I agree with my hon. Friend. Indeed, it was notable that, instead of the old issues dominating the election, water charges, the rating system and academic selection were the key issues on the doorstep and at the ballot box. The message from the people is that they want locally elected politicians to take those decisions, and the Government will assist in providing an environment for that to occur. It is important that the will of the people be respected, and that the Assembly be up and functioning on 26 March.
The Secretary of State will be aware that there were two major election issues on the doorstep: the important constitutional issues, and water charges. The people of Northern Ireland feel great anger and resentment that the Government, who are telling us today what a wonderful future we have, did not give us that wonderful future when they were in office. Why did they not do all these wonderful things that they tell us we should be doing? They missed out very badly.
I say to the Government today that it is no use putting a beautiful engine on the road, saying, “Here is devolution. Here is a wonderful form of government”, if there is not the money to pay for the fuel to run that engine. The Government have a responsibility not only to put the engine on the rails but to supply the people of Northern Ireland with the money. Instead of doing that, they are saying—
I got the impression that the right hon. Gentleman was feeling strongly about water charges. The Chancellor was listening closely to his point, and we will do our best to provide an incoming Executive with the wherewithal they need to have the successful start to devolution that he wants.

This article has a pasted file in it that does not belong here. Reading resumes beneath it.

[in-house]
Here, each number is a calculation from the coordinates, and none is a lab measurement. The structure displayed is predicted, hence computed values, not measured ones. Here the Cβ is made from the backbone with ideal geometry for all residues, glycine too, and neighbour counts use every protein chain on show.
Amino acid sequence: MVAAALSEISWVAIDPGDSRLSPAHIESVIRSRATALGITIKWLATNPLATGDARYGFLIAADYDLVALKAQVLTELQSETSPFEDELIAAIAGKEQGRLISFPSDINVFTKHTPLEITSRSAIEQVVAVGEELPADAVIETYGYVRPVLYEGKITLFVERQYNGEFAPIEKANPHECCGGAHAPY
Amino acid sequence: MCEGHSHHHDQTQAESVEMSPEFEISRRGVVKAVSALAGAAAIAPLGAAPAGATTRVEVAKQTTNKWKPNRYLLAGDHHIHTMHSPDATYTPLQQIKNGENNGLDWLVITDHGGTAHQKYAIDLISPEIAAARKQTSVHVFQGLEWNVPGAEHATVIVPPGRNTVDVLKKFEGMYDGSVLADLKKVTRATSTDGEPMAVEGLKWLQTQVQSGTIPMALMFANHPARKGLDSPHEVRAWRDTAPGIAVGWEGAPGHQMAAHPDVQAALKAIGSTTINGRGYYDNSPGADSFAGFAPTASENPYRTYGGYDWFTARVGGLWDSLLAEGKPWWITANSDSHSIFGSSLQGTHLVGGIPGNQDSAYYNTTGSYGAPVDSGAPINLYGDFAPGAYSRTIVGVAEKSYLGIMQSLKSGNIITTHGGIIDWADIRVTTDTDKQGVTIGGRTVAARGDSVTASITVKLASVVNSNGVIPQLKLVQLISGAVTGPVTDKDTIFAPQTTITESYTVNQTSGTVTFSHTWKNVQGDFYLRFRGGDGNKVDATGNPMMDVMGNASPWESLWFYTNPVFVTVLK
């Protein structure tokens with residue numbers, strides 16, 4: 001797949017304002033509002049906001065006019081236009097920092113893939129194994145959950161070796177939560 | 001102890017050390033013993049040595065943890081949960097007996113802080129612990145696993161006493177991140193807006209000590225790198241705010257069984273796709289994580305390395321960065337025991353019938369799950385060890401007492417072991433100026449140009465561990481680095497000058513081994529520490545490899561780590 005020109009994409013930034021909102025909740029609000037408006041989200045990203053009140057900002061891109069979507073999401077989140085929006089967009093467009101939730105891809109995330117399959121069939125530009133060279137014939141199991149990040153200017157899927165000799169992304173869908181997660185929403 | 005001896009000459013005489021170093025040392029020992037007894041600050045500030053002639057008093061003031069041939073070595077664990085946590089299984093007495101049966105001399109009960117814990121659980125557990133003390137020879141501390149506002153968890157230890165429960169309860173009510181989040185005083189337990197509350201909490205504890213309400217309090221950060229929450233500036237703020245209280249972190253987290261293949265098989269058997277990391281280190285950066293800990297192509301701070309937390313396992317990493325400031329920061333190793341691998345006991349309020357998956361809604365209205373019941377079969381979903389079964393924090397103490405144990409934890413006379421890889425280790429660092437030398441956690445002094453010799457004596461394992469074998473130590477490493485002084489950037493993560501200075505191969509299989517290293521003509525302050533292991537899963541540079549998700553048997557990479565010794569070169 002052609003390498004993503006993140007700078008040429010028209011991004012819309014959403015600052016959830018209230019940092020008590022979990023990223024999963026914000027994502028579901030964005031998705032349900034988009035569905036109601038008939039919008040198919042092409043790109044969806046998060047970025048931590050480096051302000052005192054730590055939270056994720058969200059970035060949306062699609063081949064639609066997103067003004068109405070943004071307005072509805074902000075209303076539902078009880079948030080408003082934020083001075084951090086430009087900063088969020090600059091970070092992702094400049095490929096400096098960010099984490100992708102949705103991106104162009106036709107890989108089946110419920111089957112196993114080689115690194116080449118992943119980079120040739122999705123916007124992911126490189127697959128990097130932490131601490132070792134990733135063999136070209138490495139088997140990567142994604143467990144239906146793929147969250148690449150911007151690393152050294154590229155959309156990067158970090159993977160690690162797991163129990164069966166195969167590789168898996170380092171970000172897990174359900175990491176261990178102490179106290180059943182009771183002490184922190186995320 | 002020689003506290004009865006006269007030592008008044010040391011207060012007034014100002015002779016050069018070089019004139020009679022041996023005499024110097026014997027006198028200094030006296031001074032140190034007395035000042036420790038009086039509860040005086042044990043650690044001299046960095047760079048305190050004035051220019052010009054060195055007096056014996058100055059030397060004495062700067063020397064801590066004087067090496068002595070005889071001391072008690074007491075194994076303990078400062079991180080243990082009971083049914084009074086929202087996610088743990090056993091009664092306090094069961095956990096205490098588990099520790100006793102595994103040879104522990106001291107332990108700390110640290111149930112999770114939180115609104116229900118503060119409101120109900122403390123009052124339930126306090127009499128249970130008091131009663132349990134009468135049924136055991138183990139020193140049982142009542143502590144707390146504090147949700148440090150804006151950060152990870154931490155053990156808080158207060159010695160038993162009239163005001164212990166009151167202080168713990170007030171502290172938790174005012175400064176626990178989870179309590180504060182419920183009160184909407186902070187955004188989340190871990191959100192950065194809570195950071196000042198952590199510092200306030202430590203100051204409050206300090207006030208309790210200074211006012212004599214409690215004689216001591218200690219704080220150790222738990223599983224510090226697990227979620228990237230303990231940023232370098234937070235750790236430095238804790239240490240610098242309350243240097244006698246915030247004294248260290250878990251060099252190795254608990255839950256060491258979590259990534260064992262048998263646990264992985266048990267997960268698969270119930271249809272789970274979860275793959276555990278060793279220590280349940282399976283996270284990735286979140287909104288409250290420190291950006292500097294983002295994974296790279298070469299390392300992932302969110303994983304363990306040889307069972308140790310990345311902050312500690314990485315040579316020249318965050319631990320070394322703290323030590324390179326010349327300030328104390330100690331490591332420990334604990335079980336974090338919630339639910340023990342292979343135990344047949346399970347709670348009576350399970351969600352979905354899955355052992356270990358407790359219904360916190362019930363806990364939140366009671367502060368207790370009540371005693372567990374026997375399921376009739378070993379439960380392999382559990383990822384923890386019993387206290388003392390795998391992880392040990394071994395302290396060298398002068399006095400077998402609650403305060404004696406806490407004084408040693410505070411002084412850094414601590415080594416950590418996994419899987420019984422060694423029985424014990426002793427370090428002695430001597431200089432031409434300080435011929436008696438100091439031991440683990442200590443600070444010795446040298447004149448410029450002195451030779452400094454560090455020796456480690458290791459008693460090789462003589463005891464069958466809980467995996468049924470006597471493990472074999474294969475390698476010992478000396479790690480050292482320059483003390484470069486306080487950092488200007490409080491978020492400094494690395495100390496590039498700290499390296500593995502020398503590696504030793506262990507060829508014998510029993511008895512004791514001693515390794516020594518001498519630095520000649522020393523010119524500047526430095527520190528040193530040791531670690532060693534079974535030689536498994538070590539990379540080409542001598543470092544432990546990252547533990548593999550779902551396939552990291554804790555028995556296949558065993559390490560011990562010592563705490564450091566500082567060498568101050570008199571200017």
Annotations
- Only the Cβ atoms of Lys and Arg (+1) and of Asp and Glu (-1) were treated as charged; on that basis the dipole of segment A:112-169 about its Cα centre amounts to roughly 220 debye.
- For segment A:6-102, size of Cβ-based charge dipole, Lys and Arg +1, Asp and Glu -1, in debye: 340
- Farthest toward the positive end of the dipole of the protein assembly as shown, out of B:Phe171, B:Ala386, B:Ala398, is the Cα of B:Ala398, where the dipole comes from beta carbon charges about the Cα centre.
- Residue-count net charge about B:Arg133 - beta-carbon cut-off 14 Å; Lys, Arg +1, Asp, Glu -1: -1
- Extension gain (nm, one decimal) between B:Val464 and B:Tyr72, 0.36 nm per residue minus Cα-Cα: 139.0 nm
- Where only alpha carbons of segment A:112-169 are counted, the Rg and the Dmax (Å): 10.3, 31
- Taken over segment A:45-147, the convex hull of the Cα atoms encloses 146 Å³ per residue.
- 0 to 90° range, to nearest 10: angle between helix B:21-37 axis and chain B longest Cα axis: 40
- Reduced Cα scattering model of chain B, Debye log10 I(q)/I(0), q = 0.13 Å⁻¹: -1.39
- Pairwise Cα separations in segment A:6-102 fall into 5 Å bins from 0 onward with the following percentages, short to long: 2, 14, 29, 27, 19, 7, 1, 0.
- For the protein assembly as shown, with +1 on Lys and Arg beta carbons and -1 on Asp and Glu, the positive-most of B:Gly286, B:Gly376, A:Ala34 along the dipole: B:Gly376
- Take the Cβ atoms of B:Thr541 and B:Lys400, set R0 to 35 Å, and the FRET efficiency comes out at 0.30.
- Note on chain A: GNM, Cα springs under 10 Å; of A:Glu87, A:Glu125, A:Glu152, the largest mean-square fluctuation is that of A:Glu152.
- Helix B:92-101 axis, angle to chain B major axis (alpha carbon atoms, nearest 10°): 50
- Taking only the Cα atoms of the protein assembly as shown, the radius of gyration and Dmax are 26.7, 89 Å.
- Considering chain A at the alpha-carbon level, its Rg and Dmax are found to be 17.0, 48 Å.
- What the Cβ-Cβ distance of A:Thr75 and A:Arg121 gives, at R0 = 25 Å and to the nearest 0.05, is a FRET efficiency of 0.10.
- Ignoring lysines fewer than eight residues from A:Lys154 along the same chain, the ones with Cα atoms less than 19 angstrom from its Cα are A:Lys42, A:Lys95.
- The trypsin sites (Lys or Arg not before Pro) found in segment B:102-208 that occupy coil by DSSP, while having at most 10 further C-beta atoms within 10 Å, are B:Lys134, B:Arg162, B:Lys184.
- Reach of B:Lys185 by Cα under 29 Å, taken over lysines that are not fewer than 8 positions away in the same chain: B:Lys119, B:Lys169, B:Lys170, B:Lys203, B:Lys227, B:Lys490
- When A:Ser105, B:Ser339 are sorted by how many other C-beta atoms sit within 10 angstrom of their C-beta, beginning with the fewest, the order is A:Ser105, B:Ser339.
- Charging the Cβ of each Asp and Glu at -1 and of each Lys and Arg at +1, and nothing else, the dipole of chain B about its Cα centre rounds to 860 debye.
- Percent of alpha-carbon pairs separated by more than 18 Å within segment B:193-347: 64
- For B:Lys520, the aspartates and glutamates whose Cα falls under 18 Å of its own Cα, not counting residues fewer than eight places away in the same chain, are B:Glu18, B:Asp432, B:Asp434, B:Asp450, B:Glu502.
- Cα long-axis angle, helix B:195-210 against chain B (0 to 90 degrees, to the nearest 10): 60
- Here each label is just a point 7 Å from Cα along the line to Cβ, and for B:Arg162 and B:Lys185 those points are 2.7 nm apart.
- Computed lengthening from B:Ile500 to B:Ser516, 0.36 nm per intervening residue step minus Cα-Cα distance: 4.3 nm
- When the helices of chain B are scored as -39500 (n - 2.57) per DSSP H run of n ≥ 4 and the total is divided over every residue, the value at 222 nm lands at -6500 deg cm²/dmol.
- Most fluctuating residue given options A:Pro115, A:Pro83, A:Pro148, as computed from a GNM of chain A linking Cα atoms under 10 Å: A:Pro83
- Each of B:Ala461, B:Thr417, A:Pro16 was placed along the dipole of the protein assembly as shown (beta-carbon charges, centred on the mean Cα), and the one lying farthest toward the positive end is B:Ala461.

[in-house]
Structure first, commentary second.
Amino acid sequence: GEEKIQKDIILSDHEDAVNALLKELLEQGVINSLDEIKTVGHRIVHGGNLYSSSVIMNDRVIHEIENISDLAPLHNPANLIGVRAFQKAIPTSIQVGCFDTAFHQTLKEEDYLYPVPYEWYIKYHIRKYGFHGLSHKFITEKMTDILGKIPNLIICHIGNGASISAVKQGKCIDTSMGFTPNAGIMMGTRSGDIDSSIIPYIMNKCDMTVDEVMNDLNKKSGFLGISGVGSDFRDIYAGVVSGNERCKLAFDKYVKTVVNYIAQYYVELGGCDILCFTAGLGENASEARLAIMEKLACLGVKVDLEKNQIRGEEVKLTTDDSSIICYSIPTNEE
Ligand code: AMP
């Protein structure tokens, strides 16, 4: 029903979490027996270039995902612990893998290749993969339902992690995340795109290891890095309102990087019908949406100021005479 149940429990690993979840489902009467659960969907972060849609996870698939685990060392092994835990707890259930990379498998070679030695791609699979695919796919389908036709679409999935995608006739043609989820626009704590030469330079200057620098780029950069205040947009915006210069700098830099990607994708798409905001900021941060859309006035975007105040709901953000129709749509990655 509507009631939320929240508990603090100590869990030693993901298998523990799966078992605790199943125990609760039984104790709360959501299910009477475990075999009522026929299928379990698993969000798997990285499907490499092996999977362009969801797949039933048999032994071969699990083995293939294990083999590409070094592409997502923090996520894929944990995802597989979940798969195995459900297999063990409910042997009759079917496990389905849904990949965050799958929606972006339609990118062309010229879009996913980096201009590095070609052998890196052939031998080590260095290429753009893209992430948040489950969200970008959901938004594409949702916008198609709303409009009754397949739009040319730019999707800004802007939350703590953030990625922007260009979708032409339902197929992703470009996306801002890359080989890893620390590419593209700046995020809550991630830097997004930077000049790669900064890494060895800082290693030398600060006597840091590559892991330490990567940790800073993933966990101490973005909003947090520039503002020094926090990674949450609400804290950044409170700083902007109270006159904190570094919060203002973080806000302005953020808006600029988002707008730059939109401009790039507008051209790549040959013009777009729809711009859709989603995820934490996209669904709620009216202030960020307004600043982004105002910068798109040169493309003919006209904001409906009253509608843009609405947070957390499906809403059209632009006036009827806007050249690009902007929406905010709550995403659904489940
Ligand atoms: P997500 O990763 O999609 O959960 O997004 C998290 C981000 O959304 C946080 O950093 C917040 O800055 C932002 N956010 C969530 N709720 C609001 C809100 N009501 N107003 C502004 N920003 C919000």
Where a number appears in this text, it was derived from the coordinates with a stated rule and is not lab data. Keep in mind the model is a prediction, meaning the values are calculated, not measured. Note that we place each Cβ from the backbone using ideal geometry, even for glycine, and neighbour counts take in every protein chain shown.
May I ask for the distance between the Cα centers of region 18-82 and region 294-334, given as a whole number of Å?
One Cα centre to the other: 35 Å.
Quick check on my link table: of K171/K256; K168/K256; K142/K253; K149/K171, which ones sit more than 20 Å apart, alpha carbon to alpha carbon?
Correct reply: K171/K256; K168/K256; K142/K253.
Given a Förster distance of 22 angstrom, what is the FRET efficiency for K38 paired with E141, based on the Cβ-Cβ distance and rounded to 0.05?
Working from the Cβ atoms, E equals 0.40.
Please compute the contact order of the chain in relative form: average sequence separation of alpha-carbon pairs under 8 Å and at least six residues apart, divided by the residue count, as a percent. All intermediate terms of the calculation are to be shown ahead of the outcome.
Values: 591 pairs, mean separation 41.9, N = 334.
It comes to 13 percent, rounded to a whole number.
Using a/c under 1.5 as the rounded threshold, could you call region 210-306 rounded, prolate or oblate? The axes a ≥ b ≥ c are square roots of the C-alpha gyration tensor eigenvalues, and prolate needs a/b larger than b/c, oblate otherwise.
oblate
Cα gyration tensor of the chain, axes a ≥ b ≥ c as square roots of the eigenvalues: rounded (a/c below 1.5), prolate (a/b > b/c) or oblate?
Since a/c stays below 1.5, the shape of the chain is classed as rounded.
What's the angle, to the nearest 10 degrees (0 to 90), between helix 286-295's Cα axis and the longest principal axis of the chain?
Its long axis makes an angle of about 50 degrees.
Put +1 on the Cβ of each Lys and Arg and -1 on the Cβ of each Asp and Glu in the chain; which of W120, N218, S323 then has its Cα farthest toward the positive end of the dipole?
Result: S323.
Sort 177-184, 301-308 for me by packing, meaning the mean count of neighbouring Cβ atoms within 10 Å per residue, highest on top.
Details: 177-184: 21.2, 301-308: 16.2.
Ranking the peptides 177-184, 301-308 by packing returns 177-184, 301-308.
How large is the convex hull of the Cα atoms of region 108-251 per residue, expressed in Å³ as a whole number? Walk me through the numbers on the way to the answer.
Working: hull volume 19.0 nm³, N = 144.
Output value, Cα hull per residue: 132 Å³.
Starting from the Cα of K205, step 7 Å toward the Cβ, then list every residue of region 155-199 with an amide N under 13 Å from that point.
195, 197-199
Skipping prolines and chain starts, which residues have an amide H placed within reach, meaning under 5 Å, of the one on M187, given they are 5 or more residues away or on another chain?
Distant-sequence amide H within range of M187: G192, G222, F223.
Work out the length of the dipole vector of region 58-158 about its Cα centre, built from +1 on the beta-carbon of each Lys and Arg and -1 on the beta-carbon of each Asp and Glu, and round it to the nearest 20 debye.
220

May I follow the potential engine driver and ask the Secretary of State to talk to the Chancellor, who is, I think, now listening? Will he tell him that the people of Northern Ireland really are concerned about water charges, and do need a moratorium of at least a year, and not to be double-charged for the privilege?
All that the Government were doing was introducing water charges in Northern Ireland as they are paid in Wales, Scotland and England. The verdict on the doorstep, however, was very clear. My right hon. Friend the Chancellor is well aware of the situation and will no doubt take close notice of the hon. Gentleman’s points.
Will the Secretary of State join me in congratulating the Alliance party of Northern Ireland on its super-stunning victory and on returning the first ethnic minority Member of the Legislative Assembly, Anna Lo, in the Assembly’s history? Does he accept that the nine-strong united community group is truly committed to the shared future agenda? Will he work with the UCG to ensure that, however unstable any potential Government in Stormont, there will be a stable and progressive Opposition, led by the Alliance, which maximises the chances of a principled shared future and a prosperous Province?